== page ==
I did go back into my photo files for this photo, since I wasn't planning on splitting/shaving another back billet any time real soon. This was done within about the last month, as I have split a spruce and a maple billet for another posting on another site... and this method is shown there also, as well as the glued results for both billets.

 

(This other site is where I got the "glue stain" information from also...)

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 Since I leave a tiny gap at the center of the joint to be closed by clamp pressure that means that the sole is not absolutely straight along it's length.

 

I have always been curious about this approach.  Nathan, if you read this and can explain the logic, I would appreciate it (or anyone else, of course).  One friend of mine from the Chicago School gave me an explanation that either didn't register or I have forgotten.  I have wondered whether the gap is arrived at by a gentle deepening from the very ends.  I know since it is done by fine makers and it holds it CAN be done, but I'm afraid of it for myself, considering my skills and eye.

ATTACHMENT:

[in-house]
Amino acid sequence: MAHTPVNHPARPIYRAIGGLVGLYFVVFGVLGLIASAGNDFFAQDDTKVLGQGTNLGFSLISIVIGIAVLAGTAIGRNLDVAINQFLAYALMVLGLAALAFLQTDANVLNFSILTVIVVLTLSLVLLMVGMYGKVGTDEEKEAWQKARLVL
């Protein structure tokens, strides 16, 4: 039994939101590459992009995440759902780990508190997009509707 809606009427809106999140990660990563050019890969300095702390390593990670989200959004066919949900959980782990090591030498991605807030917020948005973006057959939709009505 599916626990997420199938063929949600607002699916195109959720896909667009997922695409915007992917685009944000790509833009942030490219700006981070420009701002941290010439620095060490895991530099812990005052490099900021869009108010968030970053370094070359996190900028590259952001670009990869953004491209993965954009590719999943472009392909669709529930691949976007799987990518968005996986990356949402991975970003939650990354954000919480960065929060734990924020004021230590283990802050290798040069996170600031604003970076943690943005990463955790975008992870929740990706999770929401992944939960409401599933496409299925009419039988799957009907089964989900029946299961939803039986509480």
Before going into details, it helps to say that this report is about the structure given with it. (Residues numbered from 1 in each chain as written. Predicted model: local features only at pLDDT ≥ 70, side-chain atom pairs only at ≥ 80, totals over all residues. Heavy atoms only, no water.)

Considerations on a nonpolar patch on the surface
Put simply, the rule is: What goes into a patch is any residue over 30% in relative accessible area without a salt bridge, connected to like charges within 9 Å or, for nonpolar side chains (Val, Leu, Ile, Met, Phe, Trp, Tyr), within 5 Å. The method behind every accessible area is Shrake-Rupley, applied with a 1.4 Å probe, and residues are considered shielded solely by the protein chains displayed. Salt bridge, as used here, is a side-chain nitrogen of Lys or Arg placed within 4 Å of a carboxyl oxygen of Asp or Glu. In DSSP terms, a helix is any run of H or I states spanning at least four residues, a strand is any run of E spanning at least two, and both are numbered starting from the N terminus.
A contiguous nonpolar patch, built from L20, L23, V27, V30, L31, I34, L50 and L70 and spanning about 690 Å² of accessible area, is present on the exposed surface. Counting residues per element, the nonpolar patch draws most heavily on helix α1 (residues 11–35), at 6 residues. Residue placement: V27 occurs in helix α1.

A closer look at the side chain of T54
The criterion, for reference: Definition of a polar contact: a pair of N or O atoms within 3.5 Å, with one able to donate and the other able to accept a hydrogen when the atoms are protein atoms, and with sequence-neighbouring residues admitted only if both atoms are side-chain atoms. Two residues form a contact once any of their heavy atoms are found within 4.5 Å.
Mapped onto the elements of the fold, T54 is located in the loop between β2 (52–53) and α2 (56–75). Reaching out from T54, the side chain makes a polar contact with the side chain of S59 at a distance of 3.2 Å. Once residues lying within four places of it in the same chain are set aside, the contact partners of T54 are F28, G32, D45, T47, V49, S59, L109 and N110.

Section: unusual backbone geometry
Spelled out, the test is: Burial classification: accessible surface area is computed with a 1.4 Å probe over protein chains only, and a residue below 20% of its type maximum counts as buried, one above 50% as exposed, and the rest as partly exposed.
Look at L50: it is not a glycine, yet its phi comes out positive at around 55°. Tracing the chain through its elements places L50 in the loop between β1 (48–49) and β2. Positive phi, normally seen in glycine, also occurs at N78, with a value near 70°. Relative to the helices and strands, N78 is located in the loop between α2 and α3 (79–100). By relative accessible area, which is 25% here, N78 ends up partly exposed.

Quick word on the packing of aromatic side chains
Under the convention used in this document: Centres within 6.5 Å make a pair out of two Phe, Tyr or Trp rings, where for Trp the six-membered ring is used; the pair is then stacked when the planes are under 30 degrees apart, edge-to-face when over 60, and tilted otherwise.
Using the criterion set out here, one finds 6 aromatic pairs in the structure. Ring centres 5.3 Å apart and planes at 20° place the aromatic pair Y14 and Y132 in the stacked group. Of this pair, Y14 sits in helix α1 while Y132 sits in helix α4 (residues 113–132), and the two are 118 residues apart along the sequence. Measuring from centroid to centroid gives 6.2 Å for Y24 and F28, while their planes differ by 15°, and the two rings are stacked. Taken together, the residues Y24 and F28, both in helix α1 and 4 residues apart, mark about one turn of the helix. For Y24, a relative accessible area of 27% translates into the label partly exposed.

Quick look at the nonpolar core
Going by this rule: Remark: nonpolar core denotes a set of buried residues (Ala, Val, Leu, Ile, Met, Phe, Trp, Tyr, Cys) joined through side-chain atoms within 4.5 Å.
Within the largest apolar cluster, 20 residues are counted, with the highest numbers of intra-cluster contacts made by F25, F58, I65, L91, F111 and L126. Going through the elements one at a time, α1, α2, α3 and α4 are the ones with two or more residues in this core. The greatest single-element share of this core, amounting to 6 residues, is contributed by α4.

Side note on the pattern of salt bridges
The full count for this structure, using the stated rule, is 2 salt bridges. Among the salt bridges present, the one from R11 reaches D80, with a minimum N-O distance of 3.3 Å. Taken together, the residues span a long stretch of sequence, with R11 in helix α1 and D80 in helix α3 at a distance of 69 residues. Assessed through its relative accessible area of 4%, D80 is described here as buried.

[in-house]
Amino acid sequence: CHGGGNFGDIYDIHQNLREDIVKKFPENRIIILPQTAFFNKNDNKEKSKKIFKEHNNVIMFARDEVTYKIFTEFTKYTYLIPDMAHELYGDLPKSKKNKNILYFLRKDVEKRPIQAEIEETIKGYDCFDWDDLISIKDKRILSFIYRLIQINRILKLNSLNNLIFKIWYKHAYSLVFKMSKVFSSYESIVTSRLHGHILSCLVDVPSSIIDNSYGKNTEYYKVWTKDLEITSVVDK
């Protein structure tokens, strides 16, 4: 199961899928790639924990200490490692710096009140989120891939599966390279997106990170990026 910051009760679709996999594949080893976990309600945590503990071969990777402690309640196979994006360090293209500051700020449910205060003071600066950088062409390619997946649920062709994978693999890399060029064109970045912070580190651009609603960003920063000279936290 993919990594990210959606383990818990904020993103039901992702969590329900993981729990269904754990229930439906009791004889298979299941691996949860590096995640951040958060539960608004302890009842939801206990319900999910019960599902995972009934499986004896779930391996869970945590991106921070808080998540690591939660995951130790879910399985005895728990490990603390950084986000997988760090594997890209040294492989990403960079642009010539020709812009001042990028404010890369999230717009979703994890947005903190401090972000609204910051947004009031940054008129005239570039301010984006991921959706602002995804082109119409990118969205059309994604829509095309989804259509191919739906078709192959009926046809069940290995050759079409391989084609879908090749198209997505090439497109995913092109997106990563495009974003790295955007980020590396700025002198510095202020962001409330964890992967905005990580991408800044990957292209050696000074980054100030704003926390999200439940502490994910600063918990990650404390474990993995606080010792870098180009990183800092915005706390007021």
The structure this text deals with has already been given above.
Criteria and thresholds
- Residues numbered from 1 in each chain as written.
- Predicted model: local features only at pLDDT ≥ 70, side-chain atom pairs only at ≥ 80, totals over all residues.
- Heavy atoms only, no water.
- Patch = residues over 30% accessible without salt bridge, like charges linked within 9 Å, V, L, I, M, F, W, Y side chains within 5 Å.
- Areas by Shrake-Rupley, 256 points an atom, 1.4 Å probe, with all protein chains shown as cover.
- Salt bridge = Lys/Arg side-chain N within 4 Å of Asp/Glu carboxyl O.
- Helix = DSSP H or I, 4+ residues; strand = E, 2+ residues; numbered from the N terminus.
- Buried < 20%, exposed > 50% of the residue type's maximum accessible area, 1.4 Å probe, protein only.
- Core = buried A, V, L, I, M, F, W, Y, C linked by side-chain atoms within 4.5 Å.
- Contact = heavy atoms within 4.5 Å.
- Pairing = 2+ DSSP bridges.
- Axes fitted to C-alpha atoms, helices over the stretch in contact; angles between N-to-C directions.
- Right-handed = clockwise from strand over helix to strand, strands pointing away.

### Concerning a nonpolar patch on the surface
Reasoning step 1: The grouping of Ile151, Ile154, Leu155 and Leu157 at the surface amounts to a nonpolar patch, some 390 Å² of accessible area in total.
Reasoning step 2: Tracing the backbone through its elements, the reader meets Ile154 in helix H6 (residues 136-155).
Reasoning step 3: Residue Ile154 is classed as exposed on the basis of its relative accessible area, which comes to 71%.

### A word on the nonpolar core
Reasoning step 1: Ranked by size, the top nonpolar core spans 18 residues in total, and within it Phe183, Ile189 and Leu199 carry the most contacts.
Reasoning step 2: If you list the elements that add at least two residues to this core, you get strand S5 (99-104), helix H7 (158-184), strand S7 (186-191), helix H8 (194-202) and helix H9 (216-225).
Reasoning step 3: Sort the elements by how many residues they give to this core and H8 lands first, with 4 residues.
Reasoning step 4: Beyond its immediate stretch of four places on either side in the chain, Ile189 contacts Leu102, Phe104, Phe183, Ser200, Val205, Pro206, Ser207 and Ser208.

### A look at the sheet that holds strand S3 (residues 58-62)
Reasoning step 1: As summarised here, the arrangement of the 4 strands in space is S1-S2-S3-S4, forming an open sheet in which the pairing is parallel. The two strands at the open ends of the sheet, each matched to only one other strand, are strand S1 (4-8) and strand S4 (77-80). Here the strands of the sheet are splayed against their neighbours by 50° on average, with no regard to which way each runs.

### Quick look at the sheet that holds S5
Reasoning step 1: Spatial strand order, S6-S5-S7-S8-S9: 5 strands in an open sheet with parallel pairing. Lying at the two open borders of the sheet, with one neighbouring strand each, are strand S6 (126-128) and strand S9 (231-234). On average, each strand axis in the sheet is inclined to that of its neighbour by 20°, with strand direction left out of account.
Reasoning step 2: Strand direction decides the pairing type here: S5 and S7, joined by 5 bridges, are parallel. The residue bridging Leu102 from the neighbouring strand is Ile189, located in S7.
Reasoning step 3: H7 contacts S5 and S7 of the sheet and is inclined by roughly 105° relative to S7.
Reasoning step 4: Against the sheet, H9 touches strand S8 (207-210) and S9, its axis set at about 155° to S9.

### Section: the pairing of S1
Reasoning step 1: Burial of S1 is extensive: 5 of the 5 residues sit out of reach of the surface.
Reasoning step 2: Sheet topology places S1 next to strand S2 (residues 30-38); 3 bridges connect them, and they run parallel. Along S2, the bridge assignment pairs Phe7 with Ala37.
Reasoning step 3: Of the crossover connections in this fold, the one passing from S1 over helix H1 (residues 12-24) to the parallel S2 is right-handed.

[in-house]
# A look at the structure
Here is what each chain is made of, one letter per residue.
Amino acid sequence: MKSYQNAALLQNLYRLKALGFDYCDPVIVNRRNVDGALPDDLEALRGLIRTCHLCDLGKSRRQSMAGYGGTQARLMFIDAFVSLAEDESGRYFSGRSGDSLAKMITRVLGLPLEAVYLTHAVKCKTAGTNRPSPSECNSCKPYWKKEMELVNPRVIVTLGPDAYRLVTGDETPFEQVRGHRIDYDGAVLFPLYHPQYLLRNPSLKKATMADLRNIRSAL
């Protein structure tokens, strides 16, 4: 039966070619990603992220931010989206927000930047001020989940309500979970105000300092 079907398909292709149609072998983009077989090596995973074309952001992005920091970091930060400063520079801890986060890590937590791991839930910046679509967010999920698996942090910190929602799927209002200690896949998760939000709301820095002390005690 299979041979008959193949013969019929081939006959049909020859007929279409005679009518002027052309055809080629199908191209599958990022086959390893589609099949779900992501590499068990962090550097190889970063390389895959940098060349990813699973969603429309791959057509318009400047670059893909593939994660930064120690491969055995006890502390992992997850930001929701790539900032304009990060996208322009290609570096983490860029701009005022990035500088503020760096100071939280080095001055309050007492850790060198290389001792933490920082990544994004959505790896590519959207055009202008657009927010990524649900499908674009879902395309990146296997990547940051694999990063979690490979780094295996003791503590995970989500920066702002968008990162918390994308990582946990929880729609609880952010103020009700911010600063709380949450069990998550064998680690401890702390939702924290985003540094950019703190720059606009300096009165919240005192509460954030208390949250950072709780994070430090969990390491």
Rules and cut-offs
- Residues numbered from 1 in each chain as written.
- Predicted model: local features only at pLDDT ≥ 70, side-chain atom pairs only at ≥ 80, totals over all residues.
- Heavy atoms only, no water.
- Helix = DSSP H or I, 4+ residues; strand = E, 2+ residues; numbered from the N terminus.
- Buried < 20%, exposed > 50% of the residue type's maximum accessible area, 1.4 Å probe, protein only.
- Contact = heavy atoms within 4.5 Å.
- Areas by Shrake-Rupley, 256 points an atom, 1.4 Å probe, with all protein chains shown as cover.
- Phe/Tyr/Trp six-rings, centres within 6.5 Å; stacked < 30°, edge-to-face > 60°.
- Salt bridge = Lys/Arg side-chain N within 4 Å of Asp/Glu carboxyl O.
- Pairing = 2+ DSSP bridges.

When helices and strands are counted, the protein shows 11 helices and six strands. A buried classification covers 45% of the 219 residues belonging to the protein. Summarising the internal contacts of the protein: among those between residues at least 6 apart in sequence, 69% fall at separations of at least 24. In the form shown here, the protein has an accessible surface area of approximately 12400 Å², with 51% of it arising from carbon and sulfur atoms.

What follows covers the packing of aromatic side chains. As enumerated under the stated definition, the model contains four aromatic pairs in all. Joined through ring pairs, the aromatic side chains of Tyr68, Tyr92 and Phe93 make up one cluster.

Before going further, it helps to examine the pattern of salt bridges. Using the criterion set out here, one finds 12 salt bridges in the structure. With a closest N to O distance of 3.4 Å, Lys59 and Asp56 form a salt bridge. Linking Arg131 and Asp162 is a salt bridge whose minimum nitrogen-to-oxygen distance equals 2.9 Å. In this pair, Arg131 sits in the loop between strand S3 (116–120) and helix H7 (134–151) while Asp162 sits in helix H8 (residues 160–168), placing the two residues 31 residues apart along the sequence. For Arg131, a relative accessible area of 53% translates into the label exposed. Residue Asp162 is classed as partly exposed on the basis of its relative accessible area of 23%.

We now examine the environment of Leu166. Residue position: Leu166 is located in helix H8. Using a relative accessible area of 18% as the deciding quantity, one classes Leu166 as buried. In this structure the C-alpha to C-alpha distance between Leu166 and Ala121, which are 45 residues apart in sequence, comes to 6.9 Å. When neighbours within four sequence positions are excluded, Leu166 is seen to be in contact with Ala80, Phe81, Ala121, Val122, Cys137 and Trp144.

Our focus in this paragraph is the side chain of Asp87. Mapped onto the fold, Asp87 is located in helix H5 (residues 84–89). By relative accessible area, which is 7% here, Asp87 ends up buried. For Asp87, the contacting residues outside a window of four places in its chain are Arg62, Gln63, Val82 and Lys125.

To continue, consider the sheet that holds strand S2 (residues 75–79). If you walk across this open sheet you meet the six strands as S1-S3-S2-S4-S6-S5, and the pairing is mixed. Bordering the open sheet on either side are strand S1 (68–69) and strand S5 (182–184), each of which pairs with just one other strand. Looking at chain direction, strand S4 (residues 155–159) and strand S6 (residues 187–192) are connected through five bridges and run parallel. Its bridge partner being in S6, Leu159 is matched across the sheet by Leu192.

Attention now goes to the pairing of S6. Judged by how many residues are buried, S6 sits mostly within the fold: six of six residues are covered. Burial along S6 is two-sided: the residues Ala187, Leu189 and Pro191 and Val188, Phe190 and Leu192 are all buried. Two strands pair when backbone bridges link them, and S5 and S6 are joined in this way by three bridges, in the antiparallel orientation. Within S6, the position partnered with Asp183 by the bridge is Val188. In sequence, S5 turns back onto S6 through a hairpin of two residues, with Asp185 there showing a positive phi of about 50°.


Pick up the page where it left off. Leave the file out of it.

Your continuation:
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The reason I asked about the shaving thickness, is to get an idea of the blade height.

 

As for why I asked about the wood is that I noticed very large growth rings. This tree had very fast growth.

 

Thanks

 

Well then, I'm glad you asked.

That's a standard old Baily plane & blade - sharpened scary sharp up to about 1500 grit - with a blade holder. The cutting angle of the blade in the plane is standard. And I have sharpened the angle of the blade edge with the angle it came with.

I adjust my blade height (?) in the plane, by taking a shaving, adjusting, taking a shaving, adjusting, etc., etc., etc.

 

I'm curious exactly what you mean by blade height?

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Well then, I'm glad you asked.

That's a standard old Baily plane & blade - sharpened scary sharp up to about 1500 grit - with a blade holder. The cutting angle of the blade in the plane is standard. And I have sharpened the angle of the blade edge with the angle it came with.

I adjust my blade height (?) in the plane, by taking a shaving, adjusting, taking a shaving, adjusting, etc., etc., etc.

 

I'm curious exactly what you mean by blade height?

Depth of cut.